Federal agency local media coverage lacking
Electronic media aren't doing the job of local newspapers, according to a new report.
And, no, it's not propaganda from a newspaper industry group, it's from the Federal Communications Commission, the agency charged with overseeing electronic media.
The report being released today uses information gleaned over 18 months about the growth in online media.
Despite a wider array of media than ever, local government agencies, schools and businesses aren't being held accountable.
"A shortage of reporting manifests itself in invisible ways: stories not written, scandals not exposed, government waste not discovered, health dangers not identified in time, local elections involving candidates about whom we know little," according to the report.
That should be no surprise to the people of Ball, California, a Los Angeles suburb and one of the poorest towns in the country.
No local newspaper or other media covered city council meetings, until two Los Angeles Times reporters looked into city salaries while covering a scandal in the adjoining town of Maywood.
When they did, they found the city manager was making a salary of $787,637 a year (double that of President Barack Obama) plus benefits for a total of $1.5 million, the assistant earned $376,288, more than the top administrator for Los Angeles County, and the police chief was paid $457,000, a third more than the Los Angeles police chief. All but one of the members of the city council were receiving $100,000 for their part-time work, authorized by a special election in which almost no one voted. Council members in most cities Bell's size make about $4,800 a year.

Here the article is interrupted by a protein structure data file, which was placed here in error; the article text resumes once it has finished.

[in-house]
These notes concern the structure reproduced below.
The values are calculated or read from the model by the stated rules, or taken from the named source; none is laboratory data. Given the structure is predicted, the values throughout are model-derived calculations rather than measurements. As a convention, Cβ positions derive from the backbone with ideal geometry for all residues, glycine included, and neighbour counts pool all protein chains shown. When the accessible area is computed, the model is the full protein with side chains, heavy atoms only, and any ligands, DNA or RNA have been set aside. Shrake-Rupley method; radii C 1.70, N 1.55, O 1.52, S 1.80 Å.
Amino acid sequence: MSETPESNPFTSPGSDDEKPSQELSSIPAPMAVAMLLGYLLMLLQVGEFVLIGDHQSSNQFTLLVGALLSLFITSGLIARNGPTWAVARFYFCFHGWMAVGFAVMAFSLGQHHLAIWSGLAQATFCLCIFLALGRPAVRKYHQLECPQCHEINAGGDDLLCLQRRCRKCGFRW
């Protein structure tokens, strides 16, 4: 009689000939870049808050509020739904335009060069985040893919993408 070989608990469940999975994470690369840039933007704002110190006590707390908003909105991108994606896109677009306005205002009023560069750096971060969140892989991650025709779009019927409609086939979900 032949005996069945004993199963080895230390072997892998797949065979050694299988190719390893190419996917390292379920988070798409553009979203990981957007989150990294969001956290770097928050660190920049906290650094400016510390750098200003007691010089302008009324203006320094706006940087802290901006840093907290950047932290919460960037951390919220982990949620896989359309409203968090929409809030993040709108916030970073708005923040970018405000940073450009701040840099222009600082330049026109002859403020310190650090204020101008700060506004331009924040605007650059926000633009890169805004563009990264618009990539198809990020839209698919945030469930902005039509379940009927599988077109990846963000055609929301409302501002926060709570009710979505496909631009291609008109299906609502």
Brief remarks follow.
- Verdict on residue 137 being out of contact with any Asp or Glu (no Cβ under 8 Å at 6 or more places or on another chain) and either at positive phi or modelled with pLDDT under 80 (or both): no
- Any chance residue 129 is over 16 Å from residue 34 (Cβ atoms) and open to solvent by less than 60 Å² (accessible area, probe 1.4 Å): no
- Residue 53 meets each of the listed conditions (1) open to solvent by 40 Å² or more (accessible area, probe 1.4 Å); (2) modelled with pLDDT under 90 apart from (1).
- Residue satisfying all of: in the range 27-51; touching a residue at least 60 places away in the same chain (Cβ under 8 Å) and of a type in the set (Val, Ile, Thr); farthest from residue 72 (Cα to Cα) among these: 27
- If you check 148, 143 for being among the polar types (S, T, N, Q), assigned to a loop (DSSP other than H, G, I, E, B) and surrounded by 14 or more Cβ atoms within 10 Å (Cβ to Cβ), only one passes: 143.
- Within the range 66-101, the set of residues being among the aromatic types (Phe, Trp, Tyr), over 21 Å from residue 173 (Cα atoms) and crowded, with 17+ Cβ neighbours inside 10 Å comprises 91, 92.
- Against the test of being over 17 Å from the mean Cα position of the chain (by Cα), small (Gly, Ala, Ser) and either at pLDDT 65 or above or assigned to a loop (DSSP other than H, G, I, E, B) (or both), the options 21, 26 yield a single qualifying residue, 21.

After the scandal broke, the officials were arrested and charged with misappropriation of public funds, the mayor and council members resigned or recalled.
Thankfully, the FCC doesn't call for more government involvement, other than creating public affairs cable channels similar to C-SPAN at the state level (filled by public broadcasting in Nebraska), easing tax rules for non-profit news organizations and directing more federal advertising spending to local news media.
"Government is not the main player in this drama," the report says, appropriately. "The independent watchdog function that the Founding Fathers envisioned for journalism -- going so far as to call it crucial to a healthy democracy -- is in some cases at risk."
The president of the American Society of News Editors notes that newspapers can do unprecedented investigative work using sophisticated high-tech-tools like database analysis and online mapping programs with detailed information about individual neighborhoods.
"The watchdog spirit is very much alive," Paulson said. Nebraskans have always agreed, carving "The salvation of the state is watchfulness in the citizen" over the north door of the Capitol in Lincoln.
The Gazette has an active and expanding online presence at mccookgazette.com, but nothing carries the gravitas of committing ink to paper.
And, nothing can replace actually attending meetings of the school board, City Council, county commissioners and other local governments, checking documents first-hand and looking our leaders directly in the eye.